This is the cool part: Different initial masses of the stars means the white dwarfs they make have different brightness, so the planetary nebula lights up by a different amount. However, there is a theoretical upper limit to how bright such a nebula gets (roughly 640 times as luminous as the Sun). If you can observe a bunch of planetary nebulae in a galaxy, you can plot their brightness and determine where that limit is. By comparing that to how bright the nebulae appear through a telescope, the distance to the galaxy can be found (because more distant objects appear fainter in a mathematical way).
The problem is that planetary nebulae in even nearby galaxies are faint. The method starts to have problems around 35 million light years, and has a pretty firm limit at around 65 million light years.
Or “had”, I should say. The new method promises to nearly double that limit.
Astronomers start with spectra taken of the planetary nebula — basically dividing the incoming light into hundreds of individual colors, thin slices of the spectrum. Gas in a nebula, like oxygen, glows at very specific wavelengths, like 500.7 nanometers (in the green part of the spectrum), and is a pretty strong emitter. This helps identify it over, say, a star-forming gas cloud, where hydrogen dominates the glow (at 656.3 nm, in the red).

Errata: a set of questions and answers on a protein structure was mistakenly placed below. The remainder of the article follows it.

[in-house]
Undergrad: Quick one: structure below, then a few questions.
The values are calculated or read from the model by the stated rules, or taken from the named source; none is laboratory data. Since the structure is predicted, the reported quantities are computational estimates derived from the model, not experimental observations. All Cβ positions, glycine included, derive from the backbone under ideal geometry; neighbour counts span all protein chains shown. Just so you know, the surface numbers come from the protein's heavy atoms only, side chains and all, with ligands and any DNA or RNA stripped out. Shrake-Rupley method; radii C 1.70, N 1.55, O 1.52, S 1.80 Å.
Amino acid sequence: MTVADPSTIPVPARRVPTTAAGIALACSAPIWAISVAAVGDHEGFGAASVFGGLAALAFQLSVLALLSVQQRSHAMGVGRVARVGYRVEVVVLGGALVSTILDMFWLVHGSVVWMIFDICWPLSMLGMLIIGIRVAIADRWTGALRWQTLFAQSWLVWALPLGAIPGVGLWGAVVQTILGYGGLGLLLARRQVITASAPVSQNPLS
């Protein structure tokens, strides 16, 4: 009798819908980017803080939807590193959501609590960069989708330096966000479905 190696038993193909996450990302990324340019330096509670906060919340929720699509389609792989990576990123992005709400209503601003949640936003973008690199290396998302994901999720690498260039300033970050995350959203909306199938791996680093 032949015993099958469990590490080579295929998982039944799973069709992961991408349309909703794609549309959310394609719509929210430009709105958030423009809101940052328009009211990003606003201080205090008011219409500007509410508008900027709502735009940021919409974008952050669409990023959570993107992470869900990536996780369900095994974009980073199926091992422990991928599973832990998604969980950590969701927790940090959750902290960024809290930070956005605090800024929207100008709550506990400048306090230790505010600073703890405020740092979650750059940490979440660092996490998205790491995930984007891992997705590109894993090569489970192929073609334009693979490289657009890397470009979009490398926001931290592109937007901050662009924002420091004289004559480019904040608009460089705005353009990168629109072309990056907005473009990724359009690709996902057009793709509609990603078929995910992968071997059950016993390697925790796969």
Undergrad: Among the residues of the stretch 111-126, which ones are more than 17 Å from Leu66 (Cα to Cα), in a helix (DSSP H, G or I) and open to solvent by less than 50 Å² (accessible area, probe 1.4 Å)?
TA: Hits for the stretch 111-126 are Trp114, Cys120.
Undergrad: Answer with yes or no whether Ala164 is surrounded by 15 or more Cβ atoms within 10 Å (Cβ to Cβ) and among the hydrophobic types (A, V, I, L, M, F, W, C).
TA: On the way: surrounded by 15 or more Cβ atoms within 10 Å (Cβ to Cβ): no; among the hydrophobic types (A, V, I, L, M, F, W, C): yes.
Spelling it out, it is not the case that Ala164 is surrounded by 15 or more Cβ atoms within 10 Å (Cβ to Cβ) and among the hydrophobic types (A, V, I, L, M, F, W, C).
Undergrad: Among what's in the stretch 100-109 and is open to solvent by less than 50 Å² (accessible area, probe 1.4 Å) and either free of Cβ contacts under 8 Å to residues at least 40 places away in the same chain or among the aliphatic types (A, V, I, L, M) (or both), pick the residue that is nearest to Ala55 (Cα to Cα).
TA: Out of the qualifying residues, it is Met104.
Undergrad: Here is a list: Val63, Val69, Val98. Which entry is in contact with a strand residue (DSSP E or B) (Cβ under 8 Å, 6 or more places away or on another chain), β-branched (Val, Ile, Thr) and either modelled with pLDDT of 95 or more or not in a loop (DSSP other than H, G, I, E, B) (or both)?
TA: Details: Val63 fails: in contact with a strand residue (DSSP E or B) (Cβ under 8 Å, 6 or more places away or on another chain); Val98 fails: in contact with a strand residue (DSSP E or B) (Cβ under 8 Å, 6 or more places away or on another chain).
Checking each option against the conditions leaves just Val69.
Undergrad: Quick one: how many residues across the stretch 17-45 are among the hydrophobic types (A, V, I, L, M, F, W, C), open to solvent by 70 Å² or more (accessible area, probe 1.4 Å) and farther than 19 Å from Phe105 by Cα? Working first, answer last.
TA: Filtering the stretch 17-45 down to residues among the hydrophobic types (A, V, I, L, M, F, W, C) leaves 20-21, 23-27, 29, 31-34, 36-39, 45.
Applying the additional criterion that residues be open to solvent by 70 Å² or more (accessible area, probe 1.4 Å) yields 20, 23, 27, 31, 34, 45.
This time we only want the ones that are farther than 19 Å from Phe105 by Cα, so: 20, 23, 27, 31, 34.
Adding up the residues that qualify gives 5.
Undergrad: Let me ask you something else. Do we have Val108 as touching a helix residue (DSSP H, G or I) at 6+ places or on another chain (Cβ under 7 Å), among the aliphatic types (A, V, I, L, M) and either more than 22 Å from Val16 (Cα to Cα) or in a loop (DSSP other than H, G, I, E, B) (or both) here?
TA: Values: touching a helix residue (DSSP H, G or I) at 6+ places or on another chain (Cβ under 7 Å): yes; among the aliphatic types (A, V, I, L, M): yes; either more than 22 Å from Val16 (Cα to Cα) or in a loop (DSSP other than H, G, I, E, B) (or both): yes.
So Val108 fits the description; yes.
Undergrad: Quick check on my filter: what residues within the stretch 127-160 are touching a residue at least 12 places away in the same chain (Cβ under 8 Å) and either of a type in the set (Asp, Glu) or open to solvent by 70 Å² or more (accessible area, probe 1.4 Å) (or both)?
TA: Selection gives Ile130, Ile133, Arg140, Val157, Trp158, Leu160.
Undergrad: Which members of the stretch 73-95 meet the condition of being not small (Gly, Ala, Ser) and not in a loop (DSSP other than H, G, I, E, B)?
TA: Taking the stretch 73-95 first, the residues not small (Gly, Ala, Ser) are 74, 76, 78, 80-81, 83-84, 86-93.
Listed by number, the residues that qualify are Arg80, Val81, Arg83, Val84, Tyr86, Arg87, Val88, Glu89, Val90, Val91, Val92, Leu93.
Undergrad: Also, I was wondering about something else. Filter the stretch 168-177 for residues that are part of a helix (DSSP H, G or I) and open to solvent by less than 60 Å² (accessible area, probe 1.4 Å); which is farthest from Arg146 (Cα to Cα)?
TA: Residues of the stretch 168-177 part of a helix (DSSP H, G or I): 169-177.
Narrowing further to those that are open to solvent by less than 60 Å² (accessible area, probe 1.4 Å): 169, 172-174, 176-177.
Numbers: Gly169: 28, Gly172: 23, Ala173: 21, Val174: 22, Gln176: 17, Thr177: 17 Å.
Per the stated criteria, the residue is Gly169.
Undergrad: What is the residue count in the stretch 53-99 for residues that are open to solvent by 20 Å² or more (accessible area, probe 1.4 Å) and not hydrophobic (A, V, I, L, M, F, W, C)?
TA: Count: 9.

The idea is to subtract an image of the nebula in a wavelength very close to the oxygen light, where the nebula doesn’t emit much light. This eliminates a lot of stars, background galaxies, and other objects that interfere with the nebula. Once that’s done the nebula appears much more cleanly, and its brightness can be measured. Using the MUSE camera — a very sensitive detector that can get spectra from multiple objects simultaneously — on the immense Very Large Telescope (an 8.2-meter mirror telescope in Chile), they can see dozens of nebulae in nearby galaxies.
They used archived observations of galaxies taken by other astronomers to test their technique. For example, some years ago another team of astronomers observed the galaxy NGC 474 with MUSE to look at stars, but as it happens they found 8 planetary nebulae. Reprocessing these data with the new method, the new work found an additional 7 nebulae for a total of 15. They also were able to get better measurements of the nebulae brightness.